This post explores how to structure and utilize data classes to build clean and efficient Lazy List composables within an MVI (Model-View-Intent) pattern.

Lazy Lists in Jetpack Compose offer a powerful tool for displaying large datasets efficiently. They resemble RecyclerViews in the legacy Android view system, but with the added benefit of Compose’s declarative UI and state management. This post delves into leveraging data classes to represent the state of items within a Lazy List while promoting reusable components across screens.

If you would like to skip to the full codebase, you can find that here.

Lazy Column Example

Through out this post, we will be building a list of items that are based on multiple content types from a hypothetical Content Management System (CMS). Below is a simple example of a LazyColumn with a single CMS driven content type.

This sample assumes all content from the CMS utilizes the ImageOnly composable. However, what happens when your CMS evolves, introducing diverse content types?

As content types grow, so does your when block, making code less manageable and harder to reuse across screens. The issue compounds when incorporating items with sources not from your CMS.

Fortunately, Lazy Lists and their features offer a more straightforward approach when compared to RecyclerViewsand are pretty well documented. However, managing multiple lists across screens can lead to repetitive code. The Generic Lazy List pattern promotes reuse and minimizes boilerplate code:

This code achieves the following:

  • Demonstrates the genericList abstraction of item composing.
  • Allows the same item composables to be used across various screens.
  • Manages the use of sticky headers.
  • Implements keys and contentTypes for optimal list performance.
Demo of an assortment of content types with varying sticky headers.

GenericLazyItem Base Class

The GenericLazyItem base class establishes a pattern for building Lazy List items in a uniform manner, promoting reuse throughout your app.

  • BuildItem is the core function for composing the item/state’s view. It receives a processIntent function to handle user interactions within the item itself.
  • BuildHeaderItem adds the ability for drawing sticky headers and also supports user interactions through a processIntent function similar to BuildItem.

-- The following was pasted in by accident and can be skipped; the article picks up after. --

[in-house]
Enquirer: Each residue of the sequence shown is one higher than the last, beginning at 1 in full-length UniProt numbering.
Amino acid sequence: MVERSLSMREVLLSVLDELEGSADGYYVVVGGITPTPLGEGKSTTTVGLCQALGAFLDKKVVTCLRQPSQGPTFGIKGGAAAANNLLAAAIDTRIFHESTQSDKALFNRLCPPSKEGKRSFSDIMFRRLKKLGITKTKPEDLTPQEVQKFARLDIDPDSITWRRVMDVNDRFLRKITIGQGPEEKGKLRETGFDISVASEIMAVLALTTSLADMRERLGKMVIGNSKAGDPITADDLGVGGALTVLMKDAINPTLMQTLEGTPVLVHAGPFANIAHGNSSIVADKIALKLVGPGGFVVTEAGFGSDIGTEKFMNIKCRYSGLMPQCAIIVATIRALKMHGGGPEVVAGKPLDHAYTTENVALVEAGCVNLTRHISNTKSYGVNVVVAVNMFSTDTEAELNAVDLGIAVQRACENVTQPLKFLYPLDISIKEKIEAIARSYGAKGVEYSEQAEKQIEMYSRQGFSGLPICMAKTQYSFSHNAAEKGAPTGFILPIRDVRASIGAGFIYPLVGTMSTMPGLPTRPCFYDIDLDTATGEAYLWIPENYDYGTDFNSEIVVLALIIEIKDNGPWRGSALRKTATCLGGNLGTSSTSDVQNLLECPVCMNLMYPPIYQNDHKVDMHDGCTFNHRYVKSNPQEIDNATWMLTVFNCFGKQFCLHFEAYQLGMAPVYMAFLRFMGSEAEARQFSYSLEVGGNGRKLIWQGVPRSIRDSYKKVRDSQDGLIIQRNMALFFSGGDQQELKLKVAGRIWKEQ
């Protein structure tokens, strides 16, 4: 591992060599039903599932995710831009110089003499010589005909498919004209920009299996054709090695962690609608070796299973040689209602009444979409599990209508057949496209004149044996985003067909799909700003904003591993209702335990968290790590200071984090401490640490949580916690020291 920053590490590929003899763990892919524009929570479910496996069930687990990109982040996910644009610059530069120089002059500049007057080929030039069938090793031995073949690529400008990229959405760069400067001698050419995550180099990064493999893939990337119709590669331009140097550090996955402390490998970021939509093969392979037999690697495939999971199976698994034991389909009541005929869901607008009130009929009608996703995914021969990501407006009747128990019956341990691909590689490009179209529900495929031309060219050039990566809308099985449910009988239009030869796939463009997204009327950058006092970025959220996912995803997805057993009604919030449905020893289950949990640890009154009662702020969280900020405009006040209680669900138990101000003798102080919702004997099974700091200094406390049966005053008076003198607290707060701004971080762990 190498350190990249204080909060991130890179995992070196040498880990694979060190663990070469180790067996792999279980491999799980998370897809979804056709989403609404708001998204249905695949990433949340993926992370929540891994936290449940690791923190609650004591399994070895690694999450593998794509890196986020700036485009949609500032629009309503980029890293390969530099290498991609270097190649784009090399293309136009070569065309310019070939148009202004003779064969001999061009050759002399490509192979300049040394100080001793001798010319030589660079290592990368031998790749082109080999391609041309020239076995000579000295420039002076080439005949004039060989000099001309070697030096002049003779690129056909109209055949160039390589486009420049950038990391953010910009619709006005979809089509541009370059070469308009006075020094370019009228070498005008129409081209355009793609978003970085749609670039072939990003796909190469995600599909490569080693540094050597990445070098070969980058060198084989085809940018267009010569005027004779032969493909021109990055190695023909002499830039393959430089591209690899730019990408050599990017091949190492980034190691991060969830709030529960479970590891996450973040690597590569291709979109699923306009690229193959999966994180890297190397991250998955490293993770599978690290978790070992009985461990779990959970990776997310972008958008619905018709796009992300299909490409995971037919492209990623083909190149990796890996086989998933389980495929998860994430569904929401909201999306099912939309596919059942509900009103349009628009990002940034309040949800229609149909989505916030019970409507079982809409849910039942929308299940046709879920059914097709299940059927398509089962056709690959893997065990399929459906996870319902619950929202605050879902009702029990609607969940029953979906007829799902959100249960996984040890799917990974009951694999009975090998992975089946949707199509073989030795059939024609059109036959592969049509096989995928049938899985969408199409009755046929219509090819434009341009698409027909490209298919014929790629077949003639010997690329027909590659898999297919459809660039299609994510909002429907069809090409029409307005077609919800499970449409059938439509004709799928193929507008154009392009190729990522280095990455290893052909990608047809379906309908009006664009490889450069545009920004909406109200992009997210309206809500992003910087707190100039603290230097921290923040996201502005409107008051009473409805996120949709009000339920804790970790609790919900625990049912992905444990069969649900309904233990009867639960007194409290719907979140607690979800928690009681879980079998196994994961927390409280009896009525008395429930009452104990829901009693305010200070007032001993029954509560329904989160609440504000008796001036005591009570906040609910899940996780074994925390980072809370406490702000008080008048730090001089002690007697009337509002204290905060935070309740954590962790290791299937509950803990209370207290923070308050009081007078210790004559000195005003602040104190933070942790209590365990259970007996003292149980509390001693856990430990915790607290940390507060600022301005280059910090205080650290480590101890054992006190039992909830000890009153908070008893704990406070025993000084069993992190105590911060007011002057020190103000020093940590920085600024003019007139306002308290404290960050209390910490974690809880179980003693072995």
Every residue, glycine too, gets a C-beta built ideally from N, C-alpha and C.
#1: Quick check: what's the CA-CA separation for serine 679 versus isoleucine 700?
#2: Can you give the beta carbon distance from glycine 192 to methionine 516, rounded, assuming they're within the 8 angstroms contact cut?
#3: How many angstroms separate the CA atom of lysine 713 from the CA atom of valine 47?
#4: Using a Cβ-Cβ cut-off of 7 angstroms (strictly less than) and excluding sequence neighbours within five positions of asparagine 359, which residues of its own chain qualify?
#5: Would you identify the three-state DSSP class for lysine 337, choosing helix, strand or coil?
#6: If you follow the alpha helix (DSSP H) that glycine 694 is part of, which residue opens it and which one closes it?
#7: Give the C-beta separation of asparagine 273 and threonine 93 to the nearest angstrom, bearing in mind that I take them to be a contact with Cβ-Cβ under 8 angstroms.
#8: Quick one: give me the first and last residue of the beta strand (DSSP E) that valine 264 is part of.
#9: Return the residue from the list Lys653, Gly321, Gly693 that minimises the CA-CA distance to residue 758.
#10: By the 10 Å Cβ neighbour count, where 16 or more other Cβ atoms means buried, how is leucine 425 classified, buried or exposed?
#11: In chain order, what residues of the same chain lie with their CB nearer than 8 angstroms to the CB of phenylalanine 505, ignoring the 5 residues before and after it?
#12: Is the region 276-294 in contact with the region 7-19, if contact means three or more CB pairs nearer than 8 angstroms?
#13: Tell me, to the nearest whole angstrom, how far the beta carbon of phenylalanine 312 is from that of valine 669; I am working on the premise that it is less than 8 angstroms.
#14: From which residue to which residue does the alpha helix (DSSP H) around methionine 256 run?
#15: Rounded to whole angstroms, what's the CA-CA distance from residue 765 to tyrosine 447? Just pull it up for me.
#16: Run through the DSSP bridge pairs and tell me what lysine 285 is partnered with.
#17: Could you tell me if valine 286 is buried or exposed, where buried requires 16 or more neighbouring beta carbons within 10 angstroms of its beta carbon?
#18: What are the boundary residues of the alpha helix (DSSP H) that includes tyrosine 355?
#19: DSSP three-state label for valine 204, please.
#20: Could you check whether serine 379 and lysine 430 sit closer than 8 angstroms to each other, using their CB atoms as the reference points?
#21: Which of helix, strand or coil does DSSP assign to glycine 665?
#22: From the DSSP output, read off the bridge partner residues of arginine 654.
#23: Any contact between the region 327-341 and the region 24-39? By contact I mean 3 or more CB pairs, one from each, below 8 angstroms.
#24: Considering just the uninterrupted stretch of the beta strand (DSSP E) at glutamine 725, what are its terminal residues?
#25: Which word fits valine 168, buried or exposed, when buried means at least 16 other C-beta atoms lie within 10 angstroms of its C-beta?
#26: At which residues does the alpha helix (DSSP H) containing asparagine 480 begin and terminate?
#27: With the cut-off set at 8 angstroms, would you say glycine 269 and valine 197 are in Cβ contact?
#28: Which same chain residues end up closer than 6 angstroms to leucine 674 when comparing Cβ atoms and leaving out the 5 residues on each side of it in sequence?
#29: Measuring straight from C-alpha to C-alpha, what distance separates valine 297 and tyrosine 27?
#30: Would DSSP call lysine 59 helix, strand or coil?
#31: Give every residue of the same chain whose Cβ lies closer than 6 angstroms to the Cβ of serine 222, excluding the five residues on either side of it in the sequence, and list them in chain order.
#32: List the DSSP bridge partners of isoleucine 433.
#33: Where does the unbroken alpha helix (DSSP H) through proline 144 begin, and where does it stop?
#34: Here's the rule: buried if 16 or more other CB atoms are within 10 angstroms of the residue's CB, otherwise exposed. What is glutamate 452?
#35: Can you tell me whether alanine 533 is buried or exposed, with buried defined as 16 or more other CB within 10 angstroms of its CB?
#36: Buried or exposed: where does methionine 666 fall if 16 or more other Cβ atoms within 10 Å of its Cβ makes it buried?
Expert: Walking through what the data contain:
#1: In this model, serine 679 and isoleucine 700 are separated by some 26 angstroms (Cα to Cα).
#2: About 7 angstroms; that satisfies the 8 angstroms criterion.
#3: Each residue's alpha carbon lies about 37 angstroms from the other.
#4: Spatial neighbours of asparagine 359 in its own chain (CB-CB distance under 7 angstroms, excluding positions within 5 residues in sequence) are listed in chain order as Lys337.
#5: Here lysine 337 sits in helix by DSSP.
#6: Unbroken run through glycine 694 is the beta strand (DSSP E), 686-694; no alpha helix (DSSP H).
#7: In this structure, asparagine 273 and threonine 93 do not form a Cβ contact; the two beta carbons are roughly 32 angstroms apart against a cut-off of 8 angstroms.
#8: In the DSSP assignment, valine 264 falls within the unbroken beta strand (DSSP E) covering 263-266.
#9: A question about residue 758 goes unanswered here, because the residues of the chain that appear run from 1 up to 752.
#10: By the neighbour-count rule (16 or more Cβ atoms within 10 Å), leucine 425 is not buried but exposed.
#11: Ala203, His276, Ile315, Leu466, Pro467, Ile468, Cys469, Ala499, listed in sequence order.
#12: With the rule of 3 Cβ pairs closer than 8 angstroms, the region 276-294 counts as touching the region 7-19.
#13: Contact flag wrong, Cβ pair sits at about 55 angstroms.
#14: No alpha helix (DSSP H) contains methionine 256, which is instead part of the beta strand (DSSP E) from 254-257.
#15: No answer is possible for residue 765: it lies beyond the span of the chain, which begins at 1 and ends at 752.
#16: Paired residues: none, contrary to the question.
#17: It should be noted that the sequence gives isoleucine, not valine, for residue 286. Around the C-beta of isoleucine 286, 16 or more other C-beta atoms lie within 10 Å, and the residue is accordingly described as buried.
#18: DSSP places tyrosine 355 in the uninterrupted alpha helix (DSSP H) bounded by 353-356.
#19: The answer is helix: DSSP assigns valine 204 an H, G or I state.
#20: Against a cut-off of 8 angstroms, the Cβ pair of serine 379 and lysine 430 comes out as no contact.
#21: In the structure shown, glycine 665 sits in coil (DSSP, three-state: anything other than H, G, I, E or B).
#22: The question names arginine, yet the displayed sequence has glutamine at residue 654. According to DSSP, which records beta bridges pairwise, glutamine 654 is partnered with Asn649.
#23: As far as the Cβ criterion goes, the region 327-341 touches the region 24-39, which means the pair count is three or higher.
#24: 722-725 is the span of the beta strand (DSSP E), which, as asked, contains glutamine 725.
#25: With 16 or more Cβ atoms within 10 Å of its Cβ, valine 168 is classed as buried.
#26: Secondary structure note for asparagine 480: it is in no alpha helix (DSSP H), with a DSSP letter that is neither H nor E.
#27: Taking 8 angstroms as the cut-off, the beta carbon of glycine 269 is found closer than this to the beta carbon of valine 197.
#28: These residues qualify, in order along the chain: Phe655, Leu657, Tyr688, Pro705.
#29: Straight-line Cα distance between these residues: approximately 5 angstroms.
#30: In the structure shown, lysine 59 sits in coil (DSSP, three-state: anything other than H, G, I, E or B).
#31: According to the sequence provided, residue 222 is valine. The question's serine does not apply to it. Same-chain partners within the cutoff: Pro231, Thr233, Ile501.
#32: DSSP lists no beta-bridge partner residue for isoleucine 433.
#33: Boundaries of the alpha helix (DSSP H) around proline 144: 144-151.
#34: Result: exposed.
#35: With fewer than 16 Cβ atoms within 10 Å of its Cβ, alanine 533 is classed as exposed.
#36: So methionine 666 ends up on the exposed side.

• sectionMatcher determines when a new section starts/ends, enabling sticky headers even when items within a section are of different types — as demonstrated in the demo codebase.
  • itemKey provides the item a unique identifier for efficient recomposition. When using a Lazy List without the use of keys, if a new element is added or removed from your list any item who’s index is affected by that change will be recomposed. When using keys, we avoid this and only recompose if the item actually changes.

Below is a sample of what a Data Class extending GenericLazyItem would look like. As you can see in the below demo, the TextImageLeft provides a state representation of how the view should composed.

GenericList Function

The genericList function is an extension function on the LazyListScope and aims to abstract away the repetitive logic used to render a Lazy List of GenericLazyItems.

The genericList function shown above performs two key tasks.

stickyHeader rendering is based on the section matcher provided. Note that at the time of this post, the stickyHeader function is still experimental and may change. Just like you would expect with sticky headers, as a new section header scrolls up it will push out the previous one and stick to the top of the list until a new header/section replaces it.

In this implementation and as demoed below, the genericList supports some items having headers and some who do not wish to have headers — all within the same list. This can be seen below with the Cat image (no header) pushing out the Penguin header.

Notice how the cat tile, without a header, pushes the penguin header out.

item rendering is the next task to take place in the genericList function. This calls the BuildItem Composable of the GenericLazyItem being processed. It also takes care to provide the contentType and the key for the GenericLazyItem to ensure your Lazy List is as performant as possible.

The use of keys helps ensure that your item is not recomposed simply because it has moved positions in the list.

The use of contentType helps promote efficiency as other compositions of the same type may reuse this one more effectively.

Bonus: Intents

Intents represent user interactions that the ViewModel needs to process. They allow for decoupling items from specific screens/ViewModels. You see these represented in both the genericList function and the GenericLazyItem class. In the sample, this is shown through the use of Toast Messages that are displayed based on user interactions with the list.

Intents from items in this demo are shown as Toast Messages.

By leveraging data classes and base classes, we can build dynamic and flexible Lazy Lists in Compose. This promotes code reuse and enables efficiently displaying content from many different sources.

Further Exploration:

  • The full sample code base is available here.
  • Explore the Toast-based user interaction example demonstrating the intent pattern for items and an overall MVI pattern.

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